Smorgasbord Blogs from Your Archives – #Family – Financial Lessons from my Mother by Sharon Marchisello

The start of a series of posts from the archives of financial expert Sharon Marchisello. Very often we learn our spending habits from our parents… which is probably why I have too many pairs of shoes and handbags! In her first post Sharon shares the financial wisdom she learnt from her mother.

Financial Lessons from my Mother by Sharon Marchisello

Mother’s Day is just around the corner, and although my mother is no longer here, she left me a healthy respect for money. And I still benefit from the financial lessons she taught me. There was really some wisdom behind her platitudes:

“Money doesn’t grow on trees.” My mother let me know that my father worked very hard for what we had, and there was a finite amount of money in the household for discretionary expenditures. Unlike some of my friends (or so I thought), I couldn’t have whatever I wanted, whenever I wanted it. When my allowance was spent, there wasn’t any more until the next week. My mother taught me to live within my means.

“Save for a rainy day.” My mother gave me my first piggy bank when I was three years old. Actually, it was an oil can with a slit in the top that my father cut for me. You could put coins in, but you couldn’t get them out. My father finally cut the can open when I was about ten, and we moved my nest egg to a passbook savings account. My mother taught me about the magic of compound interest, and instilled in me the joy of watching my savings grow.

“Always keep a little ‘mad’ money.” I think what my mother was referring to was a scenario where a girl goes out on a date and decides midway through that it’s not going to work. She should have money to call a cab or otherwise extricate herself from the situation. But this advice can also be applied to long-term relationships. No matter how much you love and trust your spouse, no matter how fiscally secure you are as a couple, it is wise for both parties to have a basic understanding of household finances. Both of you should know what income to rely on, what bills need to be paid, and how to access the necessary funds. If something should happen to one partner, don’t leave the other one clueless. My mother taught me to value financial independence.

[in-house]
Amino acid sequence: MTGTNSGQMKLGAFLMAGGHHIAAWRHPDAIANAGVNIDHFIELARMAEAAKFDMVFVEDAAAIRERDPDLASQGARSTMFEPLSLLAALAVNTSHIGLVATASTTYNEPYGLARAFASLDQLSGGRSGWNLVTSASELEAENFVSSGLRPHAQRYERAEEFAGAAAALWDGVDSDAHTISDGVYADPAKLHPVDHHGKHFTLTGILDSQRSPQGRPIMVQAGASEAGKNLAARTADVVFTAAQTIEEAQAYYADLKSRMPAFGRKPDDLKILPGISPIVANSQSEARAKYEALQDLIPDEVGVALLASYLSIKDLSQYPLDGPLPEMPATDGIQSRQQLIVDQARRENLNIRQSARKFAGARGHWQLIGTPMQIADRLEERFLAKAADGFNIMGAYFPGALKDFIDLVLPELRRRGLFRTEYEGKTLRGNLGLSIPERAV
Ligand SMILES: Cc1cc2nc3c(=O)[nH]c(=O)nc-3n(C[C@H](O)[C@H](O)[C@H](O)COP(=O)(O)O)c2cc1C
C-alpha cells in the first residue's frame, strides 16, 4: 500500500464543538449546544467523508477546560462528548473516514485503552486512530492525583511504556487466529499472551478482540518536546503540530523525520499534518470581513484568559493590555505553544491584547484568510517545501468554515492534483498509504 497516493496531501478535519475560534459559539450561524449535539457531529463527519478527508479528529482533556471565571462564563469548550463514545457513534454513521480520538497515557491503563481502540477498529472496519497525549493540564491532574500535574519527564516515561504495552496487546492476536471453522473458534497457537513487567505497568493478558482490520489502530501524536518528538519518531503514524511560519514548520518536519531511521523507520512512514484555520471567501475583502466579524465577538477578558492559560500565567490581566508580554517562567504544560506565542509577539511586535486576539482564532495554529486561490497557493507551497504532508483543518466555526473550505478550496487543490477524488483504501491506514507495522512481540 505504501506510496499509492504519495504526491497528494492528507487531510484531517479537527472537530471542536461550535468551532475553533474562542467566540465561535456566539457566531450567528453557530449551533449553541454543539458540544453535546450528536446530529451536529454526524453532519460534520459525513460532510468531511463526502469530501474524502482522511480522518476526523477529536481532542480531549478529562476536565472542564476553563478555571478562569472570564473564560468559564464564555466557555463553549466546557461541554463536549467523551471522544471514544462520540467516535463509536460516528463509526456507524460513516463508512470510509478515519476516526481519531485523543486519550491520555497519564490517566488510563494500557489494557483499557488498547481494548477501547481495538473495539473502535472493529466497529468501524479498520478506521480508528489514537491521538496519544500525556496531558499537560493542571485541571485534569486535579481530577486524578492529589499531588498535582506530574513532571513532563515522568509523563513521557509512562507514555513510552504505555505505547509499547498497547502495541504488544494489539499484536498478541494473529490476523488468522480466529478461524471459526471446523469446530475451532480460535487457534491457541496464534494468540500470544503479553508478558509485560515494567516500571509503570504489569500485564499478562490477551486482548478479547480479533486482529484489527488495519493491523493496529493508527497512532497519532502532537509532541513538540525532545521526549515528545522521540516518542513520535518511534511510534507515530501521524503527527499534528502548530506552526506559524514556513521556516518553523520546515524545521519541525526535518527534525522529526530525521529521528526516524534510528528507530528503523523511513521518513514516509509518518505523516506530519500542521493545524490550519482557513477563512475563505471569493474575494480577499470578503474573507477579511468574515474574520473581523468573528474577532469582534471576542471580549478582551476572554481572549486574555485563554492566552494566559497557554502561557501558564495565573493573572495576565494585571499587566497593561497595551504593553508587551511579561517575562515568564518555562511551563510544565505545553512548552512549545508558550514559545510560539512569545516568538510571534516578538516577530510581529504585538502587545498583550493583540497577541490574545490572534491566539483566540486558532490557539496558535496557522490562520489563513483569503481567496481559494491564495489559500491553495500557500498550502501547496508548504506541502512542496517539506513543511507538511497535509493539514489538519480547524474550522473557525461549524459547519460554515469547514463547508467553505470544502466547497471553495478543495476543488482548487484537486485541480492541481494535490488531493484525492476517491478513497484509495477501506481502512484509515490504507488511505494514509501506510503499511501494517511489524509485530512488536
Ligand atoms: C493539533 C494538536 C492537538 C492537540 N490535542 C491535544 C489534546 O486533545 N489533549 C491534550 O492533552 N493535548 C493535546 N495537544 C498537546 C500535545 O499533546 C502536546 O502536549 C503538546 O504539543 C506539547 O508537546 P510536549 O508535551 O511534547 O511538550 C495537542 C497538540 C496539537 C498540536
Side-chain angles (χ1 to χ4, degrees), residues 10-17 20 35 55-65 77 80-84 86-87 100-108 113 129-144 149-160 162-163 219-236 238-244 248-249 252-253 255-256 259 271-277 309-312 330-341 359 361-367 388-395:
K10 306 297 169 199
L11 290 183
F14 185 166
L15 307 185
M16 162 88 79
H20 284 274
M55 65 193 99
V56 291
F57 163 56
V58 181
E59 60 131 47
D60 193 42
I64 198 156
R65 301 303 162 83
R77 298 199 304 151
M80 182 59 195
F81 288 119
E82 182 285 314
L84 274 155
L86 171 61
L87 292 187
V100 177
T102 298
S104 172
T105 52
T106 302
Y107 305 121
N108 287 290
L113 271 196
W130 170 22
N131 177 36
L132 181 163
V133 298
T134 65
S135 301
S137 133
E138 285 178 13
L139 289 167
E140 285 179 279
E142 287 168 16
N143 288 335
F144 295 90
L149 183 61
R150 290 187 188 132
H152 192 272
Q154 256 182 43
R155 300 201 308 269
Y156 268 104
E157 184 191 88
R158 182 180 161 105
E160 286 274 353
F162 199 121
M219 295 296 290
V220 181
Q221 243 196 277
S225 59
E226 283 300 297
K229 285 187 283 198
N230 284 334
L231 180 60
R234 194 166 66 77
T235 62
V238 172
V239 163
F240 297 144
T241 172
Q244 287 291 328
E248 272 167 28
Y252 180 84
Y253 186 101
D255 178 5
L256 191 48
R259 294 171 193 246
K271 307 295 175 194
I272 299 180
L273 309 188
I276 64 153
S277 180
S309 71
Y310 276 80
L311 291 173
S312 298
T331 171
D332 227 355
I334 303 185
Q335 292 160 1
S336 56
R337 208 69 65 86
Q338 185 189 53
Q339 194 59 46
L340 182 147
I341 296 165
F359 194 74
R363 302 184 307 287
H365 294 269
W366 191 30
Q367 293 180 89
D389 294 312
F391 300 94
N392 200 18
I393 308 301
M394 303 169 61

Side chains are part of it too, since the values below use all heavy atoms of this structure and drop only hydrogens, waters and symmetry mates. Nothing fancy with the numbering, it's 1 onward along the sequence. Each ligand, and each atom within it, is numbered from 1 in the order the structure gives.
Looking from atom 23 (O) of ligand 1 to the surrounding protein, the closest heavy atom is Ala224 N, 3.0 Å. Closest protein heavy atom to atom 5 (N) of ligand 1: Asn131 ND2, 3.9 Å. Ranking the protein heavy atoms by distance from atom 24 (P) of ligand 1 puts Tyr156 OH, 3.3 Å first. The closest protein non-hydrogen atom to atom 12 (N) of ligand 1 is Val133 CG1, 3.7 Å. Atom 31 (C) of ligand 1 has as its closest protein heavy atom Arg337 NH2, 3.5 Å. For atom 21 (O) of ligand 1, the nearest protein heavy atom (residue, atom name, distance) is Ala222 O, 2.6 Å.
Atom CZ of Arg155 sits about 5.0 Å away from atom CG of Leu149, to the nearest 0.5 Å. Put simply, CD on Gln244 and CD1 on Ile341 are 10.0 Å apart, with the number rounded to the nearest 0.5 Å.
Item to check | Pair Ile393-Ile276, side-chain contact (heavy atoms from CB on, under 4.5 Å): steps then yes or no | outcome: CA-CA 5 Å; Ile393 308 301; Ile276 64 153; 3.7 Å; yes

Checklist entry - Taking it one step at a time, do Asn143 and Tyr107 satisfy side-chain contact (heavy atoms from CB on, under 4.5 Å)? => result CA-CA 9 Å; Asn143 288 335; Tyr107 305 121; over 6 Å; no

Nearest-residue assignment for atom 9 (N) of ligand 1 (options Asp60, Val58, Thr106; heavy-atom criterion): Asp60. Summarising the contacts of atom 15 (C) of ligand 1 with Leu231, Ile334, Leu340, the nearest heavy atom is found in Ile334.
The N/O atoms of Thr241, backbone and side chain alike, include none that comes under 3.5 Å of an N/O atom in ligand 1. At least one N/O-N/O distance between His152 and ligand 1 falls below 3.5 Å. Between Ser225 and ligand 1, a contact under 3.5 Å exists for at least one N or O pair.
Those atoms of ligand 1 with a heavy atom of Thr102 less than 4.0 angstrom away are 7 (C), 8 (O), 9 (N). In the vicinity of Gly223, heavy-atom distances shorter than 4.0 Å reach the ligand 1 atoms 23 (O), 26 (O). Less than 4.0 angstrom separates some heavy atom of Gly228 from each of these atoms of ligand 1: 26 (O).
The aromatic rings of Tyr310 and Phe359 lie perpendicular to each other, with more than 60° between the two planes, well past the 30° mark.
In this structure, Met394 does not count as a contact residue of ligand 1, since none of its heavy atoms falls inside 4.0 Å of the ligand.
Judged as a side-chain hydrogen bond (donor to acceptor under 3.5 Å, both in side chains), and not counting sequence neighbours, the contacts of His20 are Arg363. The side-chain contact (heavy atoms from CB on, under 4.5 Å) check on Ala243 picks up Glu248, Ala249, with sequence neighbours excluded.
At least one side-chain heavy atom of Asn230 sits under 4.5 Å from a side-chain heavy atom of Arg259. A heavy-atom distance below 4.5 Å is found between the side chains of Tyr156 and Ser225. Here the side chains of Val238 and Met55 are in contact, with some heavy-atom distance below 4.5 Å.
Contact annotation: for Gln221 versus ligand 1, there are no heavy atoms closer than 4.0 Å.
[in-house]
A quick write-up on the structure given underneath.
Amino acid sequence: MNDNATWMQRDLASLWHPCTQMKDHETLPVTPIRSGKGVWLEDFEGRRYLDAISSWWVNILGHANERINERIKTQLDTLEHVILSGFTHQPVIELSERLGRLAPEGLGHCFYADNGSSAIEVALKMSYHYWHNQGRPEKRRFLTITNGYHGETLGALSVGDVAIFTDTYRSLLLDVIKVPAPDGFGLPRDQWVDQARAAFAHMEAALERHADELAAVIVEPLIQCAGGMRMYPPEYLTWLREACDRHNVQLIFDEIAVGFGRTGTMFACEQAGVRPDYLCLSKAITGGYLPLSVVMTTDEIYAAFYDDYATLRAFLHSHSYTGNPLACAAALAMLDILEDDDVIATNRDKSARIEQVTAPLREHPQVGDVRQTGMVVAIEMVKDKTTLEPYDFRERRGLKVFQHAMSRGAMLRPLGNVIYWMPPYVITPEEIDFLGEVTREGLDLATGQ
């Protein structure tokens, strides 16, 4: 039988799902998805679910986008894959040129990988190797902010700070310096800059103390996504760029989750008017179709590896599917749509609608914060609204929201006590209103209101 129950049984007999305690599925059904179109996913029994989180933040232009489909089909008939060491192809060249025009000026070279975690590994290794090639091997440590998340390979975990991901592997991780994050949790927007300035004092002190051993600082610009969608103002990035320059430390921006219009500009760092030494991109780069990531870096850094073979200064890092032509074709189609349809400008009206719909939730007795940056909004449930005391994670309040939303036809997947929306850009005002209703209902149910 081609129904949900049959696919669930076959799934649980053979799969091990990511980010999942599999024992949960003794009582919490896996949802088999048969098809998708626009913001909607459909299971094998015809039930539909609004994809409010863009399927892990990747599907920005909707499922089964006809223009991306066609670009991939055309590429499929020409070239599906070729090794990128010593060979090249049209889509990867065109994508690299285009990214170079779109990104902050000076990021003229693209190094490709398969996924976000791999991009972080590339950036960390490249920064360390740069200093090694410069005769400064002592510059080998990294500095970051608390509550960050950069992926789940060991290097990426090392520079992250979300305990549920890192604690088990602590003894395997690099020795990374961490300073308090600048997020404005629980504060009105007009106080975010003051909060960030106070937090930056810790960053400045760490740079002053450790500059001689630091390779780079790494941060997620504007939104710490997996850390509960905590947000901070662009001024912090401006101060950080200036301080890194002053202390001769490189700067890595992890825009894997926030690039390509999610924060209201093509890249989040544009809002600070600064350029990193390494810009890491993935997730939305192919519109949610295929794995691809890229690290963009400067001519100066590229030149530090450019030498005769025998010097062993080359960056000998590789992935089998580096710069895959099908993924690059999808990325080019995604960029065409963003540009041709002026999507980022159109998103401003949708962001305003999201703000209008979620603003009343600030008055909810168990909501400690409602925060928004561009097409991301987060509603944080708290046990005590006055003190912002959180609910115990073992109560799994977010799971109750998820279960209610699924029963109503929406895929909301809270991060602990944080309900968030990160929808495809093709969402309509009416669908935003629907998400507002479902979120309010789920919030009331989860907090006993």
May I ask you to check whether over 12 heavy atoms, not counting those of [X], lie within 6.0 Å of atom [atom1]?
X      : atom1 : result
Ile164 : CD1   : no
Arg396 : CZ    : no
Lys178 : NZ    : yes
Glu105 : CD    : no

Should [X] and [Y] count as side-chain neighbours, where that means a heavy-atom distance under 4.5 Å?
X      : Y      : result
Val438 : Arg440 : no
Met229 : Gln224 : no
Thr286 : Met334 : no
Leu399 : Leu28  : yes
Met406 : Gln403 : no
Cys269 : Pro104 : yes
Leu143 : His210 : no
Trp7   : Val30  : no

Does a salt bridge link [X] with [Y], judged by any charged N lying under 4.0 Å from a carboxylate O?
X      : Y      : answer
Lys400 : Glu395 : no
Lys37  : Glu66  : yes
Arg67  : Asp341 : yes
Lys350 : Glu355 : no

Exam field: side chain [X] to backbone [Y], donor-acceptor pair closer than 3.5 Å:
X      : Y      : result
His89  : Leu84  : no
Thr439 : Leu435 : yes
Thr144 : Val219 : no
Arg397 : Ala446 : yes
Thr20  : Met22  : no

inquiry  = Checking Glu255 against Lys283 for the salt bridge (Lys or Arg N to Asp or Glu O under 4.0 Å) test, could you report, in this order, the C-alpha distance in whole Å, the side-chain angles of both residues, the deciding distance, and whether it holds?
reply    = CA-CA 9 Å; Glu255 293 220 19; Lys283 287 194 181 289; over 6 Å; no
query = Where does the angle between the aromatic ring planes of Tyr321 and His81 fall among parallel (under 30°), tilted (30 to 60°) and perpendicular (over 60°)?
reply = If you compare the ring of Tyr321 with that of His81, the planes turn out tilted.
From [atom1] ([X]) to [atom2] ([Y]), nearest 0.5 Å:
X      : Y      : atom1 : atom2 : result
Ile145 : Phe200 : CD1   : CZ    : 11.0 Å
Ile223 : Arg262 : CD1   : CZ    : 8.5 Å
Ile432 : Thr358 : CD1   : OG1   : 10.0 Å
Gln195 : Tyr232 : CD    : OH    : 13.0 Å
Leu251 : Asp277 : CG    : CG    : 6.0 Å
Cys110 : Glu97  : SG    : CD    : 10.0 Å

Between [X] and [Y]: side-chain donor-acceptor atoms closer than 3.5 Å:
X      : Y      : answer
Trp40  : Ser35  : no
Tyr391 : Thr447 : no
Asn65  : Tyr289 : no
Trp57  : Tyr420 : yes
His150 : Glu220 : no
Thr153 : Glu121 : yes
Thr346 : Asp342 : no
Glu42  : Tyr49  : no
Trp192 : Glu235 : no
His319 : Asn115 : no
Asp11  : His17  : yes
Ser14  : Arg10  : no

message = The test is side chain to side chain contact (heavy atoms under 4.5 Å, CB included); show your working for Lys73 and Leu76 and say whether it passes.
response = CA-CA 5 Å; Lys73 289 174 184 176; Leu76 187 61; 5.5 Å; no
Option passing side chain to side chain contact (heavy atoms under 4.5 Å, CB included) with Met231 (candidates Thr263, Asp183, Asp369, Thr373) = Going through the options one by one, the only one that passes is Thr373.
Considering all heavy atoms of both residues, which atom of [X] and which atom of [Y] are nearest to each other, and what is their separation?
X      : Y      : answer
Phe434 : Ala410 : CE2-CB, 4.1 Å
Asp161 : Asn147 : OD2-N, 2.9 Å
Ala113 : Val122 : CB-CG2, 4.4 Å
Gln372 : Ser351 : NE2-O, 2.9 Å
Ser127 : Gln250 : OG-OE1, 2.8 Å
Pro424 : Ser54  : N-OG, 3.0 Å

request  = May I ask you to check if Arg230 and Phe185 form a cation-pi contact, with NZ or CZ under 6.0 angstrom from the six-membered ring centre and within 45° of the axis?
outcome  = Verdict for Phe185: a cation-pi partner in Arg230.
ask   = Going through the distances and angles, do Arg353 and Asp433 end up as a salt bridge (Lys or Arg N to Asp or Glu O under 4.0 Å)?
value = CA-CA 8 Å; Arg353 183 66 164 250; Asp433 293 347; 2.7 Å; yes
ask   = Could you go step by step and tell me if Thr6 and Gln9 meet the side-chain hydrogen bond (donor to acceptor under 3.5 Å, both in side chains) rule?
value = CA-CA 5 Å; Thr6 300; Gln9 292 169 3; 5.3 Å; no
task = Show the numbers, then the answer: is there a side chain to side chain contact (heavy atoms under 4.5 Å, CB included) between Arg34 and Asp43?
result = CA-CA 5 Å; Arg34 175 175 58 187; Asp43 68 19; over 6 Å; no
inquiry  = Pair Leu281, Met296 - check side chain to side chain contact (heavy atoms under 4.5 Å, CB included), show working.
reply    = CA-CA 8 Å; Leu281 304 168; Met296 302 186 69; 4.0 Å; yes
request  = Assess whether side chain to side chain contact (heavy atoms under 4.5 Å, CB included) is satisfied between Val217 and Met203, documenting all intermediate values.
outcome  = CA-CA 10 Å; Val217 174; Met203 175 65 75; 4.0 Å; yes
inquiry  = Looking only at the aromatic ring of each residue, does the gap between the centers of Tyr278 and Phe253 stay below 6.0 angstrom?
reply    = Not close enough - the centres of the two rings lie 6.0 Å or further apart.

How did your mother shape your attitudes toward money? I would love to hear your comments.

©Sharon Marchisello

About Sharon Marchisello

Sharon Marchisello is the author of “The Ghost on Timber Way,” part of a short story anthology entitled Mystery, Atlanta Style, featuring fellow Sisters in Crime members. She has published a personal finance e-book entitled Live Cheaply, Be Happy, Grow Wealthy, as well as numerous travel articles, book reviews, and corporate training manuals.

Sharon grew up in Tyler, Texas, and earned her Bachelor of Arts from the University of Houston in French and English. She studied for a year in Tours, France, on a Rotary scholarship and then moved to Los Angeles to pursue her Masters in Professional Writing at the University of Southern California. Now she lives in Peachtree City, Georgia, with her husband and cat.

Retired from a 27-year career with Delta Air Lines, she does volunteer work for the Fayette Humane Society. Going Home is her first published novel. The murder mystery was inspired by her mother’s battle with Alzheimer’s, which prompted her to wonder what it would be like to interview a witness or a suspect who could not rely on her memory.

Books by Sharon Marchisello

One of the recent reviews for Live Well, Grow Wealth


Katherine Kinlin  5.0 out of 5 stars Easy Read December 18, 2018